Visualisation Software for Electronic Structure

A list of some of the main free programs used for visualisation in the electronic structure community. The headings below are all links to the respective websites. The below can all show structures and some form of densities. (All are installed on TCM's PCs unless otherwise noted.)

Those wanting browser-based visualisers may wish to be aware of JSmol, which is an embedded version of Jmol, and has both Java and HTML5 versions, and NGL which uses JavaScript and WebGL.

And those wanting a specialised Fermi surface visualiser, in addition to XCrysDen below, may also try FermiSurfer.

There is a further page of simple examples of the use of some of the below.

And as I believe that it is good to ensure that images on the web are well-compressed, a link to bmp2png which has been used to recompress many of the images on this site.

(The headings below are all links to the relevant external sites.)


Open source. Linux, MacOS and Windows.

Allows editing of structures, can optimise structure using a force-field model, and has direct support for Abinit. Whilst it can draw 3D surfaces, it is very fussy about how data are presented. However, it can plot molecular orbitals from some quantum chemistry codes.


Open source. Linux, MacOS and Windows.

Has particular support for Gaussian, NWchem and Vasp, amongst others.


Open source. Requires GTK, but probably builds on Windows and MacOS as well as Linux

An old program with little recent development, but which claims to support Siesta, Vasp, GAMESS and GULP. Allows some degree of editing of structures. Will display charge densities from Siesta only (i.e. from .fdf and .RHO pair).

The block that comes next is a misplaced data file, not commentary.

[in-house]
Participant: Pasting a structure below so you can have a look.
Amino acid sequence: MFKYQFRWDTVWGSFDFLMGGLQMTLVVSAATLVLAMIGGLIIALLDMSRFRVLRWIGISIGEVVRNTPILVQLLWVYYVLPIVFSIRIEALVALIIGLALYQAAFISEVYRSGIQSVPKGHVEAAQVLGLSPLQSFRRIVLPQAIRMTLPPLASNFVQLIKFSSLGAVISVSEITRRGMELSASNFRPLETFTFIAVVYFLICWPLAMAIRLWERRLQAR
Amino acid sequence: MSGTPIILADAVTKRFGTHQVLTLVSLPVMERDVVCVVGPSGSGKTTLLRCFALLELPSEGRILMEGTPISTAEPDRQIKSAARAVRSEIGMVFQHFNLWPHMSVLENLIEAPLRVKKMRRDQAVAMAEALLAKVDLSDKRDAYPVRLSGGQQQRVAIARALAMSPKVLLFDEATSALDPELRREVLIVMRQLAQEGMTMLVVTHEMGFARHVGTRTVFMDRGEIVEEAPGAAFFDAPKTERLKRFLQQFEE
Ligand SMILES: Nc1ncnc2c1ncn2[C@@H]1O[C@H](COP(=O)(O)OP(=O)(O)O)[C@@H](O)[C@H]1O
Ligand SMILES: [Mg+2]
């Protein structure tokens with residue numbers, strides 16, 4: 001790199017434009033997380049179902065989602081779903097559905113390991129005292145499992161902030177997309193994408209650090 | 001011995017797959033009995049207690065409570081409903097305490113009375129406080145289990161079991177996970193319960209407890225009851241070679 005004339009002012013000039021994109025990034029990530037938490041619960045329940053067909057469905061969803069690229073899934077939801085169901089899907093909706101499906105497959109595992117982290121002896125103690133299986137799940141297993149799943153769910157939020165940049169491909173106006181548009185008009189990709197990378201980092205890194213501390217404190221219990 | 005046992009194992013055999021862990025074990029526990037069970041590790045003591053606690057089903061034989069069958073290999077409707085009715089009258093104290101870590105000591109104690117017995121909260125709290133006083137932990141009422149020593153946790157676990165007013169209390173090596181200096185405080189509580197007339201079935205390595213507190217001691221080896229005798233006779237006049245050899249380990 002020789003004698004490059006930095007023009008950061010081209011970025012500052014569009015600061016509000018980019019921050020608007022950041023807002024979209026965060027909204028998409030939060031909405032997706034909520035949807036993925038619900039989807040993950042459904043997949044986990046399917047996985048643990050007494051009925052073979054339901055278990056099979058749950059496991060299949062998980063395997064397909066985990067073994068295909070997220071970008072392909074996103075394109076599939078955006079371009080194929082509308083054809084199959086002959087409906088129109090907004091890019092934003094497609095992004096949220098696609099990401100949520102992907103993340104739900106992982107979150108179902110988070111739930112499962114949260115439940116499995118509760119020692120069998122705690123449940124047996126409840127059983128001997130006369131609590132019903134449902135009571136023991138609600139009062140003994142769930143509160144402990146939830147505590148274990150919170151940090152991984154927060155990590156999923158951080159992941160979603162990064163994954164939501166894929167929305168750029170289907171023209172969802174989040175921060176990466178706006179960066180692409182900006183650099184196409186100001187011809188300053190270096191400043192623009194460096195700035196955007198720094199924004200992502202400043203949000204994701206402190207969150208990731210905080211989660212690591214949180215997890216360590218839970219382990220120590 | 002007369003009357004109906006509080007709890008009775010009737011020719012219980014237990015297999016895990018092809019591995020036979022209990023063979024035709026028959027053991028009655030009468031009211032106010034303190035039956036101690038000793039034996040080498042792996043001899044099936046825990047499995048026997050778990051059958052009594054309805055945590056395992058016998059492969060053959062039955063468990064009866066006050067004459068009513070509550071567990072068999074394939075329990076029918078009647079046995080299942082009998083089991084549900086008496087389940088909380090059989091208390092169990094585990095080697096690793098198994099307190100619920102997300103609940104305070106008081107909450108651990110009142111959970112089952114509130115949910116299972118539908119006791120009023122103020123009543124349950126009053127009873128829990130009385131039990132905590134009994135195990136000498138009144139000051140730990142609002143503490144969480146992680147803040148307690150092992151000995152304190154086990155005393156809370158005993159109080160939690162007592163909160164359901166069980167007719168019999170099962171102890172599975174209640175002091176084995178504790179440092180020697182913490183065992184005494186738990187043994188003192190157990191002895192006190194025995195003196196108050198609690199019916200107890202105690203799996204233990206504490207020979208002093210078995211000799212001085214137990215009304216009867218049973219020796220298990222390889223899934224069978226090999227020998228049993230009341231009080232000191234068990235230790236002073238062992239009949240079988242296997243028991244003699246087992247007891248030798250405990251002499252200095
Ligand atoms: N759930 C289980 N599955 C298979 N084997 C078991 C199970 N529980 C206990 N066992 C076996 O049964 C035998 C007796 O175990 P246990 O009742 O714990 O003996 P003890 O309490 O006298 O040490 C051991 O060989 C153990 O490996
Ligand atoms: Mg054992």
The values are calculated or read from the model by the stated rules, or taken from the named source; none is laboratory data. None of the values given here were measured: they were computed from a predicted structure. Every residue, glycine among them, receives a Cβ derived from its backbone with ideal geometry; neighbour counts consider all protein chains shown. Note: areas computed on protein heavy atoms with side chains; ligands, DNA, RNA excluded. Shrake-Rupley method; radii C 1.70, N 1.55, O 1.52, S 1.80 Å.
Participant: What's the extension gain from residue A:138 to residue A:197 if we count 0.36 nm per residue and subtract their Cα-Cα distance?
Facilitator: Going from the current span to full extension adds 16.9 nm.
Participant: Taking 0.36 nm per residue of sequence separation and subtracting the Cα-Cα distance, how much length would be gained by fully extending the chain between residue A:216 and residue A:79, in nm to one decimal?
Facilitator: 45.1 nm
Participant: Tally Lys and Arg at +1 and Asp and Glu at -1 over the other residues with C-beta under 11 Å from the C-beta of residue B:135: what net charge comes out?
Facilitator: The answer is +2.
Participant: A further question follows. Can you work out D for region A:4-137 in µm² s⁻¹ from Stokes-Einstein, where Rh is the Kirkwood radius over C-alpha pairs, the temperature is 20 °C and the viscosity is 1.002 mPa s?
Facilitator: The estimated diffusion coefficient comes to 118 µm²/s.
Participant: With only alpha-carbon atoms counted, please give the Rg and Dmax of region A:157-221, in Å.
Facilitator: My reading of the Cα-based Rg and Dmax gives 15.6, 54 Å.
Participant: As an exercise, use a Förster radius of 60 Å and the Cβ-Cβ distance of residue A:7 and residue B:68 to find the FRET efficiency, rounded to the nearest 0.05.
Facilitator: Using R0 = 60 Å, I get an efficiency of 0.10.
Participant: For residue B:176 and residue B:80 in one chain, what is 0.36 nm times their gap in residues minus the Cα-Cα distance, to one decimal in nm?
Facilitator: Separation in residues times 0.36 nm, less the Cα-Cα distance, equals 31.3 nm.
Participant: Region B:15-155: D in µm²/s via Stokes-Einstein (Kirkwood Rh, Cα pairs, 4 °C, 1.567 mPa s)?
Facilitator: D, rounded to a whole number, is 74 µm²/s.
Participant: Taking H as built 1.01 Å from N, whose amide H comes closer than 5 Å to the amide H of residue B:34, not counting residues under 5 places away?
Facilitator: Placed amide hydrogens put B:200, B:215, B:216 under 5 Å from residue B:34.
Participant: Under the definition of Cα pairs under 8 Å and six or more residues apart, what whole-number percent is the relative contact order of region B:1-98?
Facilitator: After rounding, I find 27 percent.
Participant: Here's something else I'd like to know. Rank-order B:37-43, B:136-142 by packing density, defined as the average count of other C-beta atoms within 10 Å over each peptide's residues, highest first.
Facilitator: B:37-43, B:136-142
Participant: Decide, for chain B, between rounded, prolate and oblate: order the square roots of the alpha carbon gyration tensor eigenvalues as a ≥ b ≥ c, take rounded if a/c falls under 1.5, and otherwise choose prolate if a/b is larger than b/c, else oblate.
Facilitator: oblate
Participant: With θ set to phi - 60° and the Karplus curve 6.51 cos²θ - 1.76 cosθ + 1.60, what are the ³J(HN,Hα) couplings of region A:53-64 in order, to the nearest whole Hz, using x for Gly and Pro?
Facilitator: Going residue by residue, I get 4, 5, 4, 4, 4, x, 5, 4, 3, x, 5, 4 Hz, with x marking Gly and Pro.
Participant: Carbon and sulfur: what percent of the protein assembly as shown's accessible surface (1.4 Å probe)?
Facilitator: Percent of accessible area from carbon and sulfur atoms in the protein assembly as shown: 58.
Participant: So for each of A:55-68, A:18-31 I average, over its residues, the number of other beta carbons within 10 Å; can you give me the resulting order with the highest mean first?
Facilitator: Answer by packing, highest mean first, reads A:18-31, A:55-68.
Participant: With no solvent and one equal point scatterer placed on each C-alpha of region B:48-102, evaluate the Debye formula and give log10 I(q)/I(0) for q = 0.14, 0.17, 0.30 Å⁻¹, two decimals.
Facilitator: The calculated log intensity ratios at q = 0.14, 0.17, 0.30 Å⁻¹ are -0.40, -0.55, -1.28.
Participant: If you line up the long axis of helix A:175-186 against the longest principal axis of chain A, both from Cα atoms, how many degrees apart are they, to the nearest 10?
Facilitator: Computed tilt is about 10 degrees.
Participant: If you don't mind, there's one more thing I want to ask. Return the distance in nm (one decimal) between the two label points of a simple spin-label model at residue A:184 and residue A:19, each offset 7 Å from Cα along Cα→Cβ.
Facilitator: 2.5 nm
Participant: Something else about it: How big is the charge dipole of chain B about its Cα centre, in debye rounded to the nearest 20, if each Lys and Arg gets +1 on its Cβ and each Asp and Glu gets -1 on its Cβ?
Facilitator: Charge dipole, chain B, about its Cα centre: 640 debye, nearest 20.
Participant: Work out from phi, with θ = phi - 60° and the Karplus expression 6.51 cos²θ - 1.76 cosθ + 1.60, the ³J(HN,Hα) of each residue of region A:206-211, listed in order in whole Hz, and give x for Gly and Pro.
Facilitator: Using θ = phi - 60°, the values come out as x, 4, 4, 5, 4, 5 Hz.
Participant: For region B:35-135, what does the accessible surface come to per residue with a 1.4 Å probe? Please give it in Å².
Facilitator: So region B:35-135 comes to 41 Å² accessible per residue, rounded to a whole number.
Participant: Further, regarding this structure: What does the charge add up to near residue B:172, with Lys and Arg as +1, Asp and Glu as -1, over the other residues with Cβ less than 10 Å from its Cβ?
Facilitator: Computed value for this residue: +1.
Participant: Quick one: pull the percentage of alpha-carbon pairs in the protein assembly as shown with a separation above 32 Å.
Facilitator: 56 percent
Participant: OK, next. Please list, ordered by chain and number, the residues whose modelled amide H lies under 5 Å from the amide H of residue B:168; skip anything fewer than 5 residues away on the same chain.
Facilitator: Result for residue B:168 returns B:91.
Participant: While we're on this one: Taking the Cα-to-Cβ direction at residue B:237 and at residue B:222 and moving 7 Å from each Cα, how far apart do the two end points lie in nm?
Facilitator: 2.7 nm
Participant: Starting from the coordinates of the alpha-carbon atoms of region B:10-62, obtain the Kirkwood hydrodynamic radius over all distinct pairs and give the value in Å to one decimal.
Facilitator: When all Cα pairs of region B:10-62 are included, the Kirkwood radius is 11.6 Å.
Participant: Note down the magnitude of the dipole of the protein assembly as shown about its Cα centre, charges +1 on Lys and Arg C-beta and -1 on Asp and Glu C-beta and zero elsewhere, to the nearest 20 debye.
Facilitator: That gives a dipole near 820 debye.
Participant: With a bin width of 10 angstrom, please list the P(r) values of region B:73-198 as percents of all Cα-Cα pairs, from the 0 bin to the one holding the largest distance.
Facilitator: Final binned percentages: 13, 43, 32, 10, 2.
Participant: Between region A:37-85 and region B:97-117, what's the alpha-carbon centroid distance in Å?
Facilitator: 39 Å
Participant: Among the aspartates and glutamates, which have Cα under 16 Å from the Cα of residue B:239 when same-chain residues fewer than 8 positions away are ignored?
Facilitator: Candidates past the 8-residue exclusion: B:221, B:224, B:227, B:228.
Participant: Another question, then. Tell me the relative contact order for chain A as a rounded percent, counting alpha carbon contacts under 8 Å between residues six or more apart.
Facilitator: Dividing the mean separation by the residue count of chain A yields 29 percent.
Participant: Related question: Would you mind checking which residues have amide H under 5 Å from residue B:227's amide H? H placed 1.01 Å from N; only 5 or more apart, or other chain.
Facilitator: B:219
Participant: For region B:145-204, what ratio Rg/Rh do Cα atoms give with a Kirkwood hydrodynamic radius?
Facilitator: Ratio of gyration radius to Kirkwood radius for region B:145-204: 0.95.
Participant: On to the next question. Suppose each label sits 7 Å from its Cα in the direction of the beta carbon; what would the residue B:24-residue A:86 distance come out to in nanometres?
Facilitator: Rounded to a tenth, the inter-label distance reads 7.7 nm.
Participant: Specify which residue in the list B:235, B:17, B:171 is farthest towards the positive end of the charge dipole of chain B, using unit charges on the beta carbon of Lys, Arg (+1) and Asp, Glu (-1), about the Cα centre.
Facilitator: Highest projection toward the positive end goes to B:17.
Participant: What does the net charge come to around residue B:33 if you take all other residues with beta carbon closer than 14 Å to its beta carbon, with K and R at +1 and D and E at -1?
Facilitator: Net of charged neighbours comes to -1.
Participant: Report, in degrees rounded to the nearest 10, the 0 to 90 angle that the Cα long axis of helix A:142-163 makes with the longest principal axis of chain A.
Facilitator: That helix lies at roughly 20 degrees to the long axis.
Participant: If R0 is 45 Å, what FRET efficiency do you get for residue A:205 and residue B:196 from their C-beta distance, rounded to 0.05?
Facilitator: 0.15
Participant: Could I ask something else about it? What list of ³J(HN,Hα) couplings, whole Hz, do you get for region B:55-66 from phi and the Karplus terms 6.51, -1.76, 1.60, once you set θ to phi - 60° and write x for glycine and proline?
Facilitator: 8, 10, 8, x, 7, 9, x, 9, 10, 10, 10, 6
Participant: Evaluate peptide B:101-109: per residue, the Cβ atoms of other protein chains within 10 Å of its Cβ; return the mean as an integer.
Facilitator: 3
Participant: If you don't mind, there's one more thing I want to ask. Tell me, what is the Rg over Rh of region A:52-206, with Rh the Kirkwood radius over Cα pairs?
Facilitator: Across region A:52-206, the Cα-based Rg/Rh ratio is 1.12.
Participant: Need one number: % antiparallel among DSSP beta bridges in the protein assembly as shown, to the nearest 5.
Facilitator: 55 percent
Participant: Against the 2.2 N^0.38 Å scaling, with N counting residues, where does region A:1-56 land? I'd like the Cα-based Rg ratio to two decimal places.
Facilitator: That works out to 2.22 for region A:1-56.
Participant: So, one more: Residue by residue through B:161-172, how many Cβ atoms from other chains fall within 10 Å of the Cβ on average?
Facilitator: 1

Open source. Any JVM.

Originally developed for molecules only, now has increasing support for periodic systems


Free binary distribution, pay to unlock more features. Linux, MacOS and Windows

No ability to display 3D data, but quite comprehensive for crystal visualisation apart from that.


Open source (on GitHub), with commercial, supported version. Linux, MacOS and Windows.

Initially intended for (large) molecules, has increasing support for periodic systems.


Free, binary-only distribution. Linux, MacOS and Windows.

Supports Gaussian .cube, Castep .den_fmt, XCrysDen .xsf and Vasp's chgcar formats, amongst many others.


Free, binary and source distribution, but requires registration and a non-open licence. Linux, MacOS and Windows

The name stands for "visual molecular dynamics" and its strength is in displaying and animating large biological molecules.


Open source (GPL). Linux, MacOS and Windows (cygwin).

Quite mature (first released in 1999). Its GL-based graphics are good, it is very good at tiling periodic systems, and its .xsf file format has been copied by other programs.